Arguably, the biggest influence on the development of our legal system is lawyers and judges making it work better for them.
But to borrow the words of the new Chief Justice in a different context, “Judges … don’t sort of sit here and think up judicial policy for the next five years”.
Instead, lawyers and judges attend to their own self-interest on a case by case basis.
A case establishes precedent “law”, and thus another bit of the legal system can be further bent their way.
US law professor Benjamin Barton says judges and lawyers consider …
“is there a plausible legal result in this case that will significantly affect the interests of the legal profession (positively or negatively)?”
“If so, the case will always be decided in the way that offers the best result for the legal profession.”
The thesis suggests that in civil law if lawyers profit most in a system that favours plaintiffs and strings cases out, then that is exactly what the system will do.
If legislatures start shutting down big pro-plaintiff legal rorts (eg defamation) then the
profession will fight back and expand other rorts.
“The way for one court to attract business from other courts is to develop the procedural and substantive law in a manner favourable to plaintiffs.”
Favourable to plaintiffs means favourable to their lawyers too. “Judges playing Santa Claus”, as Queensland appeal court Justice J.B. Thomas put it, in his retirement speech in 2002.
In the criminal law the choice is whether to play Santa Claus to crime victims or criminal defendants.
Jeremy Bentham (pic) wrote in 1843 that defendants were …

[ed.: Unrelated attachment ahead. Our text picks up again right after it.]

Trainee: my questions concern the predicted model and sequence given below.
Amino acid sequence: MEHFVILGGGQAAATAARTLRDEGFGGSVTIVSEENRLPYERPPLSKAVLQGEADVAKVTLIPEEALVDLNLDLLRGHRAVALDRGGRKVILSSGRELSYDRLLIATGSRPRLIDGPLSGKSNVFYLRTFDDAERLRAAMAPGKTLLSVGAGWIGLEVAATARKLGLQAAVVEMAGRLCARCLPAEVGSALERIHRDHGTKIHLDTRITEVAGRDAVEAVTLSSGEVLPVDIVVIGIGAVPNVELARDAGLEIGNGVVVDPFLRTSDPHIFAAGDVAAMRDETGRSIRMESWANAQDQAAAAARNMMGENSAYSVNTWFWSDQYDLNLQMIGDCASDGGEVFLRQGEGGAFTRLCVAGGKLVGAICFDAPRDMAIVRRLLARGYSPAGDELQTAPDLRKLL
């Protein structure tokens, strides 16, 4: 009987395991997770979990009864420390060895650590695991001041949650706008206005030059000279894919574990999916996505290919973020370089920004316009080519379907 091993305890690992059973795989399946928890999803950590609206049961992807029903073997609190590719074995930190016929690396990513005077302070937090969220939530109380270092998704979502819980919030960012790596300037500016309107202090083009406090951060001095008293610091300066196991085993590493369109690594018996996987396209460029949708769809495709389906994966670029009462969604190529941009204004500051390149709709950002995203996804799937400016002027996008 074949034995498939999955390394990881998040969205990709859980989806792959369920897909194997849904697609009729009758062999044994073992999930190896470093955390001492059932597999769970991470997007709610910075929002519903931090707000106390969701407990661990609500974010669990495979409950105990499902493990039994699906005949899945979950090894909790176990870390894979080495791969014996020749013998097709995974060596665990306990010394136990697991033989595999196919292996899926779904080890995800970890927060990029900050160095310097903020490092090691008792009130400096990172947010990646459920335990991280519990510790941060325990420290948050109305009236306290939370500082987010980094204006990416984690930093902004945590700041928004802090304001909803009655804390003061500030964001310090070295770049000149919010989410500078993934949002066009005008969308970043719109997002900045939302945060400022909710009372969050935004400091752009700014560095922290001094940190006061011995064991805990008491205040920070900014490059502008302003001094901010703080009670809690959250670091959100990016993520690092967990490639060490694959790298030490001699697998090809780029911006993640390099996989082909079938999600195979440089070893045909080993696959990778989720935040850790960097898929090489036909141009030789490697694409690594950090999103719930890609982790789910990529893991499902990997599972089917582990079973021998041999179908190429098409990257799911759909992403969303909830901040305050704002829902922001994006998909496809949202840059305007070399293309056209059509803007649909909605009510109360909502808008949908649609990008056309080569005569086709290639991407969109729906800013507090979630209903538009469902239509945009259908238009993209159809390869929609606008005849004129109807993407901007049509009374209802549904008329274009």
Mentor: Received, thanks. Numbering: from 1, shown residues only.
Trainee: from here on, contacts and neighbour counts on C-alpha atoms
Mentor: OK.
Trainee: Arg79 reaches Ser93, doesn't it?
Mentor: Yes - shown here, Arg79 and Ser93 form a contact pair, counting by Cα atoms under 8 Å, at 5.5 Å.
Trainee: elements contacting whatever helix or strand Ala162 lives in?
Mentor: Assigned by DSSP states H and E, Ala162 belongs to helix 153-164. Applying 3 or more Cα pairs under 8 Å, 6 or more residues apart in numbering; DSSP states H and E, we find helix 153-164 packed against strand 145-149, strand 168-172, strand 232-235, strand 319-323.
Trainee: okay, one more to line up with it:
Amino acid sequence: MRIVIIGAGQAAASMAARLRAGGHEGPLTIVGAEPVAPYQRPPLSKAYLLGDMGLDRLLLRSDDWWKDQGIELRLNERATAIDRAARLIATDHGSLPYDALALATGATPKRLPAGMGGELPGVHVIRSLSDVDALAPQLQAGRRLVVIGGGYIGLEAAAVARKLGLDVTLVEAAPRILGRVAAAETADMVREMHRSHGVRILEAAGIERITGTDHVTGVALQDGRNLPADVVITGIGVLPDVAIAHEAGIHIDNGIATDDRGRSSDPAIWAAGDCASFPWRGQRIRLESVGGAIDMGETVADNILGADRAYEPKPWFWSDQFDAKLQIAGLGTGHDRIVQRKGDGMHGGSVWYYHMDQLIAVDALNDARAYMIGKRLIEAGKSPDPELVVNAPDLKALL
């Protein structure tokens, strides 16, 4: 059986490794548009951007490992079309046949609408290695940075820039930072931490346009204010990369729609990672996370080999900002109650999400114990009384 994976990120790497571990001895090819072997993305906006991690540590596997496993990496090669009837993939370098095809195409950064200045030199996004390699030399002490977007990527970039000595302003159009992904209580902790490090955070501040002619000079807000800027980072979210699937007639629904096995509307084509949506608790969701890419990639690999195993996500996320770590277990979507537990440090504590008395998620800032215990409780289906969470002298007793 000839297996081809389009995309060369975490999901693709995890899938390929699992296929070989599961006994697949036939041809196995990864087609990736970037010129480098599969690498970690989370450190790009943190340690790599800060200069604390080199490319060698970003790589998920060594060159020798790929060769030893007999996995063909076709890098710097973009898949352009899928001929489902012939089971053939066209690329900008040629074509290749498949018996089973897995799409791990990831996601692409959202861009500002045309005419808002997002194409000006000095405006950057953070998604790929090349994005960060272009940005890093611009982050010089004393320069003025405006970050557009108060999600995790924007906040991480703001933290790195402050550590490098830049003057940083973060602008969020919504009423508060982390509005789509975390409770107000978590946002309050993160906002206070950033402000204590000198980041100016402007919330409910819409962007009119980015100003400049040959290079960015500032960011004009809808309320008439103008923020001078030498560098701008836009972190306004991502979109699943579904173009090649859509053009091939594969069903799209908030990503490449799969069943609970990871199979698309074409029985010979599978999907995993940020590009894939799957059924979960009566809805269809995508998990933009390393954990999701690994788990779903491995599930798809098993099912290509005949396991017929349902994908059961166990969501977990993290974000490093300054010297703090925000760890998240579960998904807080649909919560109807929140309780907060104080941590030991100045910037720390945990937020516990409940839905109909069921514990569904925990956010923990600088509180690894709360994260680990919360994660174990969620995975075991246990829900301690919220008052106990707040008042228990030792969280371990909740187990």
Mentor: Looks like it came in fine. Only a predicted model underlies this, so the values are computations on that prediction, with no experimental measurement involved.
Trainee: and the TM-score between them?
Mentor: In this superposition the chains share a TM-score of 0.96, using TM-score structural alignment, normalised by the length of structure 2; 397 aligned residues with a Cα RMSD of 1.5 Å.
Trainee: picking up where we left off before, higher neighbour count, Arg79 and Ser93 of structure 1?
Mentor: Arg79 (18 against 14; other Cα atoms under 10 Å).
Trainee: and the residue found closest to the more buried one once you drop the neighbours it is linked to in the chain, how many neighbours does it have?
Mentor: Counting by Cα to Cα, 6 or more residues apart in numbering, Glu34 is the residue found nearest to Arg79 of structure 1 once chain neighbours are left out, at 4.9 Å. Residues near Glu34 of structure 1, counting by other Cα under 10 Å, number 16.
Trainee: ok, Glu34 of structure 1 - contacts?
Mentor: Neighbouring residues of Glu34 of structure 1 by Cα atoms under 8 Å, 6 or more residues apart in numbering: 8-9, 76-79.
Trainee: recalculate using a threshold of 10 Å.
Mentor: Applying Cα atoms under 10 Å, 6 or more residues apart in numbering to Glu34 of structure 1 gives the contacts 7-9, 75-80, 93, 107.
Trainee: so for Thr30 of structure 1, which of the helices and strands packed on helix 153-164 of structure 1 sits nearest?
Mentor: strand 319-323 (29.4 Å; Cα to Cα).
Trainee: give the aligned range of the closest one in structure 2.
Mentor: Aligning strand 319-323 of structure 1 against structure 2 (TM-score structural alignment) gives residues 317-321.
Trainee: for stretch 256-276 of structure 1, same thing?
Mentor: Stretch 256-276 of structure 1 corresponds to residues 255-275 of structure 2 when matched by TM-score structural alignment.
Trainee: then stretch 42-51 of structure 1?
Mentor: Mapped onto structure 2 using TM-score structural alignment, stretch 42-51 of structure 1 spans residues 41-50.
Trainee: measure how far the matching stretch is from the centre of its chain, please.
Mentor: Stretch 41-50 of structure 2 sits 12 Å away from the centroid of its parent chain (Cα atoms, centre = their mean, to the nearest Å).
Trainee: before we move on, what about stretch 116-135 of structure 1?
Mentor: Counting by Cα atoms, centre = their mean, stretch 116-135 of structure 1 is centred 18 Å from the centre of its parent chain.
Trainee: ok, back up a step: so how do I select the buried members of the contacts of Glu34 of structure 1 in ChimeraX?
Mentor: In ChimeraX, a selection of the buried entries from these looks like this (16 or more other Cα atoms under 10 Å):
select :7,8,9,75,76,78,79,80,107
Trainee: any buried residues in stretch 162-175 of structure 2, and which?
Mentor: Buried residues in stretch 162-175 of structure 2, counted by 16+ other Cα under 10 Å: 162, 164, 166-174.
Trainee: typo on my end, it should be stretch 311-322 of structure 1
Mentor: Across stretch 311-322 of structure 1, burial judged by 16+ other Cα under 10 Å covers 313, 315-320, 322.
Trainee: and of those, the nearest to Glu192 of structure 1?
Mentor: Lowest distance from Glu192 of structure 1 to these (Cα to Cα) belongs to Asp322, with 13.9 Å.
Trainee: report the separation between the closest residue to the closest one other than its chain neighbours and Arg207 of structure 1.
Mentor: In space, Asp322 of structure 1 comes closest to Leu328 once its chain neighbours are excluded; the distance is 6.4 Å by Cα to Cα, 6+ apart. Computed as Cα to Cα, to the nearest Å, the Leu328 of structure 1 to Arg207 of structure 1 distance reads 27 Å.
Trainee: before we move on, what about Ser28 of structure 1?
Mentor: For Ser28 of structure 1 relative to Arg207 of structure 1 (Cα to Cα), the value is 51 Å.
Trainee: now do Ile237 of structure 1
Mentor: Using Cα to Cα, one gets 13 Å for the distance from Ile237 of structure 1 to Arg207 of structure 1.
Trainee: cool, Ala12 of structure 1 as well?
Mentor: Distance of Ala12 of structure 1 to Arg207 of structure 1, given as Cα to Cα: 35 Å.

“persons in whose purses any considerable quantity of plunderable matter was seldom to be found. In [civil cases] the demand for justice was less pressing, and the quantity of plunderable matter ample enough to pay for the detention of the parties in the tramels of procedure.” (See, Works of Jeremy Bentham, vol 6, ch 15, para 5, page 479).
US professor Stephan Landsman has observed that, “Not even the judges, who received sizable fees in civil litigation, could hope to profit from the criminal docket”.
Every attempt was made, however, and as late as in the 19th century defendants had to pay fees in order to be allowed to plead not guilty, and acquitted prisoners had to pay acquittal fees in order to be released.
Sir Samuel Romilly thought this to be terribly unjust, but the Lord Chief Justice [Ellenborough] didn’t.
Romilly (seen here) abandoned thoughts of reform when told in 1809 that the LCJ, “was extremely averse to every alteration in the fees of officers of courts, and very much alive to everything that had a tendency to such kind of reforms”.
It seems probable that in the 18th century there was more money to be made by the private profession in favouring victims over defendants.
Private prosecution of crime was the norm. Apparently potential victims joined prosecution associations, who hired lawyers to prosecute in court.
According to US law professor David Friedman in an article entitled Making Sense of English Law Enforcement in the 18th Century:
“Most such associations consisted of between 20 and a 10 members… Thousands of prosecution associations were established in the 18th and early 19th century.”